Celebrate the holidays. It’s okay to enjoy a dessert or two, but see if you can split a portion with someone else (perhaps another diabetic? or your health-conscious yoga-enthusiast cousin?) so you can appreciate the taste without accumulating the excess fat and sugar. If you’re trying to cut carbs, try substituting one carb for another, such as skipping the garlic bread for the mashed potatoes instead. Consider replacing a red meat dish with a fatty fish dish rich in omega-3 fats.

Drink in moderation. Alcoholic drinks can contain large amounts of sugar, so be careful. Generally, it is recommended that diabetic men drink less than 2 drinks a day and diabetic women drink less than 1 drink a day. Talk to your doctor about your intention to drink so you can plan in advance. If you’re going out, be prepared for emergencies, wear a medical bracelet, and perhaps educate a friend on the signs of hypoglycemia so that they don’t confuse it with inebriation.

4. Go on adventures.

Diabetics, of all people, should not miss out on adventures. Traveling and exploring gets you active in an enjoyable way, not to mention all the emotional benefits of understanding another culture or breathing in the great outdoors.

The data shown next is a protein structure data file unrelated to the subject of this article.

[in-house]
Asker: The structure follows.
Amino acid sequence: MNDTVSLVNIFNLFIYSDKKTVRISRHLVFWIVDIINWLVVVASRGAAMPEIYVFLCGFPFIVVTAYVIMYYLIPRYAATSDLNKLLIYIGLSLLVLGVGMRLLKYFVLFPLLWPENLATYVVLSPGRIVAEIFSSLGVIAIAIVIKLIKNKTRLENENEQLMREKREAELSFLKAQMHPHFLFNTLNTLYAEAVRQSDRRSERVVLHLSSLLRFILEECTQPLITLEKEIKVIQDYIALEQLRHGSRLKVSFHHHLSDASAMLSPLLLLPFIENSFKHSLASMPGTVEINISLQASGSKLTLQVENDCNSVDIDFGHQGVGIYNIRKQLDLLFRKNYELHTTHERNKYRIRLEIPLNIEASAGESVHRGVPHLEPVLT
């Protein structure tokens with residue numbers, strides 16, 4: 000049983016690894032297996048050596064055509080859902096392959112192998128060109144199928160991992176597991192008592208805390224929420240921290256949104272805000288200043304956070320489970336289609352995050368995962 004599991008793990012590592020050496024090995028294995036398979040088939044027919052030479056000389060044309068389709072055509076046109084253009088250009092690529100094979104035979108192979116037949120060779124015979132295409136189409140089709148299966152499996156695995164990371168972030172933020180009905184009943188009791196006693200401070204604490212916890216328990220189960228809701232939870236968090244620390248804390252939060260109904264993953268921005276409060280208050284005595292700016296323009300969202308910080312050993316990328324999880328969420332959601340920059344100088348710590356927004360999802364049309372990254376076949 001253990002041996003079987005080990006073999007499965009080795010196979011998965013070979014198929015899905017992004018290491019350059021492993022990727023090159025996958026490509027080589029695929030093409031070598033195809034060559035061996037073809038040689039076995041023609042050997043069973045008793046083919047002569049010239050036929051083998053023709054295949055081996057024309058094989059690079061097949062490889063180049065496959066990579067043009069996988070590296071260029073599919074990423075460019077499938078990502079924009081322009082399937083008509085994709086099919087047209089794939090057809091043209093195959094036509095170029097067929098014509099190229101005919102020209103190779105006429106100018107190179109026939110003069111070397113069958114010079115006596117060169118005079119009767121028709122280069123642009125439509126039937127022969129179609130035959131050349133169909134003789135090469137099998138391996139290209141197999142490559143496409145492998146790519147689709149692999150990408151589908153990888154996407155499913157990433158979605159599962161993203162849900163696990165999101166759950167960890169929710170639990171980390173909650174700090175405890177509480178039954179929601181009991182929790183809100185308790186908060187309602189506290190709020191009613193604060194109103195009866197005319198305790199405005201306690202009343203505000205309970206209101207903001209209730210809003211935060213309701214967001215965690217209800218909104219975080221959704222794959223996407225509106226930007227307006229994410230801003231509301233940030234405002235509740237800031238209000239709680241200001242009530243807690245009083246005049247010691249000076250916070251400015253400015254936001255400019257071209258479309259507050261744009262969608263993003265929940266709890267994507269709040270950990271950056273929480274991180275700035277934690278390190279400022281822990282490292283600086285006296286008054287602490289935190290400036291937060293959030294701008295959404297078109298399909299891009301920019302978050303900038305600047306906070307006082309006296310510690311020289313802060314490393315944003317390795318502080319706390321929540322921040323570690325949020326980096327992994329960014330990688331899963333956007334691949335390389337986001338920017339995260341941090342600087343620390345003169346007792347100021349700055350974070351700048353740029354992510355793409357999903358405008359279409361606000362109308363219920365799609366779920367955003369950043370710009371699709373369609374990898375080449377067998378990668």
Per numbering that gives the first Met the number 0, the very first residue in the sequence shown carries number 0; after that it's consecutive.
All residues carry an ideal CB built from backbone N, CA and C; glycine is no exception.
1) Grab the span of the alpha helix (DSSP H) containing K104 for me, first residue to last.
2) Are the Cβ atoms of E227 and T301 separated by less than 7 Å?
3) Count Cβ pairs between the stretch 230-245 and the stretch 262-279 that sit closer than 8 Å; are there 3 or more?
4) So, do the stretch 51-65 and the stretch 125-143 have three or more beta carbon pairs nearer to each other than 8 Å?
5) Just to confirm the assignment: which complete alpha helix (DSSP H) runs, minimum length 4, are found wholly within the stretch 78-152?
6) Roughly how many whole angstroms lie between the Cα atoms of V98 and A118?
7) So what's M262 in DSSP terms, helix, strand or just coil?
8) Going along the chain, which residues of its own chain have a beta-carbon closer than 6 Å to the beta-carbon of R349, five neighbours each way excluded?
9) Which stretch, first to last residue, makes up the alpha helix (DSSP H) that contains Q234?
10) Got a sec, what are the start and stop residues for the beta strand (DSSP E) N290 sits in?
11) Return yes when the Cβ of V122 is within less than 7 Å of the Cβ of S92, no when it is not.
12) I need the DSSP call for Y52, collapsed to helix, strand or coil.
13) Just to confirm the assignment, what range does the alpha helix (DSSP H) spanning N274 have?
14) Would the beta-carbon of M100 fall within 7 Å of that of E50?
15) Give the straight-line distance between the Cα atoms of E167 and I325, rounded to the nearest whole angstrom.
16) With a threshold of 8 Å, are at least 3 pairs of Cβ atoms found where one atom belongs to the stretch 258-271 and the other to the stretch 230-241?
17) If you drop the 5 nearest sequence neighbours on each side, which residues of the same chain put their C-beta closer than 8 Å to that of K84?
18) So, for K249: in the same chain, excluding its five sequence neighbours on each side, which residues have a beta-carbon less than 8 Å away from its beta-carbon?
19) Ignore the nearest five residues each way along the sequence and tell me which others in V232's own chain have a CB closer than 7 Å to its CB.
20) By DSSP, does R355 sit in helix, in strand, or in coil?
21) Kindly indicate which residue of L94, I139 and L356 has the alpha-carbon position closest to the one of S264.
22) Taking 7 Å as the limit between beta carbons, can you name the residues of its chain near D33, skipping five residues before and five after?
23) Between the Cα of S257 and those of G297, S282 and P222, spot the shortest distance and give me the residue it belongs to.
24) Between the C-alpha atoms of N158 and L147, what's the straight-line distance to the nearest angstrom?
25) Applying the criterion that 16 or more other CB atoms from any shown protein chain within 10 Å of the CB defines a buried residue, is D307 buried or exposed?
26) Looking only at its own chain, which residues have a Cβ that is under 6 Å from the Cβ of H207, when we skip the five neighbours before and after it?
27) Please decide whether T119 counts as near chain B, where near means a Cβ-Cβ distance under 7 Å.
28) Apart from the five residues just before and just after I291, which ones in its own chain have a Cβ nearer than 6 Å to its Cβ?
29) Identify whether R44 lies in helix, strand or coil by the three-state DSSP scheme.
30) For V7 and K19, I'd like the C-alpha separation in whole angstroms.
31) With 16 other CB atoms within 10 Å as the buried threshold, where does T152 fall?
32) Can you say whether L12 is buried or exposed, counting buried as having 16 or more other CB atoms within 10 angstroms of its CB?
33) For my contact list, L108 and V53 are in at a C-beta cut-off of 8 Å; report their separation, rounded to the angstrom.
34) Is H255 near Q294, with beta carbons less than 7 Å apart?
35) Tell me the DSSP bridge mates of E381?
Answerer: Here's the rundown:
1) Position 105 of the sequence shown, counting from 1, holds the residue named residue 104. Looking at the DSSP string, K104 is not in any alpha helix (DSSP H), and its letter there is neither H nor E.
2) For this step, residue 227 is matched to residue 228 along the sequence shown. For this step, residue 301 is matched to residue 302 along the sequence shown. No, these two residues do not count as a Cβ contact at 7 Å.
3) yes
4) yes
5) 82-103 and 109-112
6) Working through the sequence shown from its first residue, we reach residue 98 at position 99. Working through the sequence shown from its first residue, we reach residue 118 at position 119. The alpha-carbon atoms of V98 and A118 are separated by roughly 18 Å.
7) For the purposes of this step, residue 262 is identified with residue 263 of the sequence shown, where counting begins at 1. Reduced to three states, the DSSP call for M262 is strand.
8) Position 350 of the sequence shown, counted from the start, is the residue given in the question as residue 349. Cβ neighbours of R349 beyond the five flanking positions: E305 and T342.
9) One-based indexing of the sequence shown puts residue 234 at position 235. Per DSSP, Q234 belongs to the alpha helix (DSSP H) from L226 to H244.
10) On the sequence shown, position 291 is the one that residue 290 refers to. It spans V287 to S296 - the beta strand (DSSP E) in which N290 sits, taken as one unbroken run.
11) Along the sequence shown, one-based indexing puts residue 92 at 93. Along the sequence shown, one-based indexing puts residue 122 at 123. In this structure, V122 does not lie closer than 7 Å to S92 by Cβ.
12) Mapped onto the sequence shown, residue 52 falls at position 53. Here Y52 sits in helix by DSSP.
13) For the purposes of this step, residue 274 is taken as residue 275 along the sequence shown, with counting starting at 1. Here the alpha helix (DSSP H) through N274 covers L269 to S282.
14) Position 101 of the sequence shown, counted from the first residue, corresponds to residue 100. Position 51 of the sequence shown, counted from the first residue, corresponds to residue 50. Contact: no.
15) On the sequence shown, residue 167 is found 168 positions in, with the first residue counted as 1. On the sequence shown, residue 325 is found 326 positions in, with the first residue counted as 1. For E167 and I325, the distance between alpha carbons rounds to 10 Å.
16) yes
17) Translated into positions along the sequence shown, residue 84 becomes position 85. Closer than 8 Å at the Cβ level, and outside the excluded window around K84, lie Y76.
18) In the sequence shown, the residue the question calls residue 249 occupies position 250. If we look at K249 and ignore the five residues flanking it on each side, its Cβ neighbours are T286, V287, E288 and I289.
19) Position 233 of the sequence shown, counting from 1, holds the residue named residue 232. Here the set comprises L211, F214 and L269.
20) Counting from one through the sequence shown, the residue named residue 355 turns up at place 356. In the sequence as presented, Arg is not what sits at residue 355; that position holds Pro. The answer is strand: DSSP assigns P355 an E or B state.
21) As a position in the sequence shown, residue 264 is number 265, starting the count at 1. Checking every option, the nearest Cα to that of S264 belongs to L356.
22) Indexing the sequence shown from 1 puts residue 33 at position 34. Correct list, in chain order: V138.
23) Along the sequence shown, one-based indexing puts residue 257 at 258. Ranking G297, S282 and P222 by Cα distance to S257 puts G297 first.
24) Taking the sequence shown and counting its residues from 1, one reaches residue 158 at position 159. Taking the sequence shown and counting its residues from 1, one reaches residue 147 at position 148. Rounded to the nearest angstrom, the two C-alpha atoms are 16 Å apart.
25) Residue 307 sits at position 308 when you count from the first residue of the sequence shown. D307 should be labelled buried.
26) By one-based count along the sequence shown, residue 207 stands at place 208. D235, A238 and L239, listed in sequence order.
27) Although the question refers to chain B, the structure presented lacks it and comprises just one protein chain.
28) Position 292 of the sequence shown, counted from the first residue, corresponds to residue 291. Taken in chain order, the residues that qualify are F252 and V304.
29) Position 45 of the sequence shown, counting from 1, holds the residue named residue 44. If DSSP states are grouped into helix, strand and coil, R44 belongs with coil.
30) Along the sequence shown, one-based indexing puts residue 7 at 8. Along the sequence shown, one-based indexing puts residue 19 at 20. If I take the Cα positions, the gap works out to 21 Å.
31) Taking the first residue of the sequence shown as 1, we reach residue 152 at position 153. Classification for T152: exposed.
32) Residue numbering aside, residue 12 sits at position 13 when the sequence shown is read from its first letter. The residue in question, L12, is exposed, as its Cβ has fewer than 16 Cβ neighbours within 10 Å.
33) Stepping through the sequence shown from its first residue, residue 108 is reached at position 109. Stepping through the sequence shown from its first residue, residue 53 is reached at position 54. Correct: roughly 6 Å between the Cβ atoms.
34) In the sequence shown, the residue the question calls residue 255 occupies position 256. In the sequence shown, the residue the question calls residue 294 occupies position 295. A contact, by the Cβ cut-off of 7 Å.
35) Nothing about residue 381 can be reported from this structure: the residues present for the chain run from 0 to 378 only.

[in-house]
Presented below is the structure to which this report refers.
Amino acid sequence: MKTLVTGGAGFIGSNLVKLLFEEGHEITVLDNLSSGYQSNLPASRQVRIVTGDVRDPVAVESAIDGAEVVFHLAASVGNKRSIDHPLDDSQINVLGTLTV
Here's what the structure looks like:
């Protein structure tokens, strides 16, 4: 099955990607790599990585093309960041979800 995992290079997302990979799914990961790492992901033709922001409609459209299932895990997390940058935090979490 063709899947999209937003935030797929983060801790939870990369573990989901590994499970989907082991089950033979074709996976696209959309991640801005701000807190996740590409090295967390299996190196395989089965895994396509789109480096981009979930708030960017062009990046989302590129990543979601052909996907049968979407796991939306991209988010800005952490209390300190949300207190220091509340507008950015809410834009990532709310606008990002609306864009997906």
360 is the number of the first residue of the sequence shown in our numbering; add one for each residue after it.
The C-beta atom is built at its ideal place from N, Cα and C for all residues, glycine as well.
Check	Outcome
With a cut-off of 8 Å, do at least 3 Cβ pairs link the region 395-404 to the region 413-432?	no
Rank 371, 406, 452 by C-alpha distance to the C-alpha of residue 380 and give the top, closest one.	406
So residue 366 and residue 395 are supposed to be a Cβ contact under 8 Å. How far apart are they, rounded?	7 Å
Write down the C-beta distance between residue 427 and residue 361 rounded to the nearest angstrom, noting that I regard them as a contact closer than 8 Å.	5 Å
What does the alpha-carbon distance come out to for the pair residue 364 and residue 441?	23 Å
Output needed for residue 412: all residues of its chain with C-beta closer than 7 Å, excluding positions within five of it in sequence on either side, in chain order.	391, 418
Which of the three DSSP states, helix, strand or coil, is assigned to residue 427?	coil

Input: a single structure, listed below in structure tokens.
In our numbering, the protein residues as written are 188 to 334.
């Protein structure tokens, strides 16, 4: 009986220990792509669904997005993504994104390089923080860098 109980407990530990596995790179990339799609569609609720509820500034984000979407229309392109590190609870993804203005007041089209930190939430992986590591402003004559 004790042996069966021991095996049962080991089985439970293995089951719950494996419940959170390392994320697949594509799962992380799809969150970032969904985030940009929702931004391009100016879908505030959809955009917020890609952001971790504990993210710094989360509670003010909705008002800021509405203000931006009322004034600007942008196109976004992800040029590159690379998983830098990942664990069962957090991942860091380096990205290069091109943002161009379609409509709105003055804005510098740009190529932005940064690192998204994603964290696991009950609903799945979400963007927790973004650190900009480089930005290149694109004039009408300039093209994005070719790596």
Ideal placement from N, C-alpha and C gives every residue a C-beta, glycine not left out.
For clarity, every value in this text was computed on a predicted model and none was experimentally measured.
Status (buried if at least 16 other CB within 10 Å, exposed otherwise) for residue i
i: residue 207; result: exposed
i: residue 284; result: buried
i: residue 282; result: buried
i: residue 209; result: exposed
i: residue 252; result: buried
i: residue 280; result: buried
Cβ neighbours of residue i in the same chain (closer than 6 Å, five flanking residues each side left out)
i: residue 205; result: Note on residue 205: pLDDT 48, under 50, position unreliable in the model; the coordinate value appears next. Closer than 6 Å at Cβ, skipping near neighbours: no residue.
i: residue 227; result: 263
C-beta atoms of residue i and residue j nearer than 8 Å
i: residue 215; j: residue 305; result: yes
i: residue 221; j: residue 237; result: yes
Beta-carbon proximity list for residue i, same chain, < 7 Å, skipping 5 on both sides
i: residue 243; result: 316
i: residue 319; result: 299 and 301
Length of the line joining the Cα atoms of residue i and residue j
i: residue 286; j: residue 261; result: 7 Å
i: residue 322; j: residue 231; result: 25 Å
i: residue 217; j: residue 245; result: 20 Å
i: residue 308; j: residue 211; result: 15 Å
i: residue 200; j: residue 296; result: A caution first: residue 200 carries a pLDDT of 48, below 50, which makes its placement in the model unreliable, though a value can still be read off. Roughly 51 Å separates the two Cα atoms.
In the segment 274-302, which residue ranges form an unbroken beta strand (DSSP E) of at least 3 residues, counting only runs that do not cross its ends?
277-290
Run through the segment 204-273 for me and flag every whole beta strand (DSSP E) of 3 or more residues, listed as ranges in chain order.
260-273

Plan how to bring your medical supplies. Thankfully, the TSA has special considerations and lenience for diabetic medical supplies. Do talk to your doctor about your glucose-checking schedule if you will be crossing time zones, and research the nearest hospital and pharmacy wherever you decide to stay. Wear a medical bracelet or card in your wallet with your health information in the local language, research the local cuisine, and be careful of heat exhaustion. The CDC offers a comprehensive guide for diabetic travelers on their website.

Yes, you can play outside. Backpacking, hiking, boating, and other expeditions are on the table. Key things to remember include always having a traveling partner with you (in case of emergencies), bringing sanitary wipes so you don’t get infected while testing blood glucose, and perhaps investing in a satellite-based emergency help system in case anything goes wrong outside of cell phone reception.

More than 100 million American adults live with diabetes or pre-diabetes, and many have fulfilling, enjoyable lives that are almost indistinguishable from people without diabetes. Thankfully, we live in a time of excellent healthcare and technology, so take advantage of the tools and information you have, go outside, and have fun!

Health information used in this article was sourced from the American Diabetes Association, the Centers for Disease Control and Prevention and The Diabetes Council.

About The Author

ALISON LEE

Alison Lee is a freelance writer based in Vancouver. She enjoys writing about finance, medicine, and health, among other topics. Follow Alison on Twitter: @Alison__Lee

To read more of Alison’s writing, you may visit her blog: AlisonLovesToWrite.com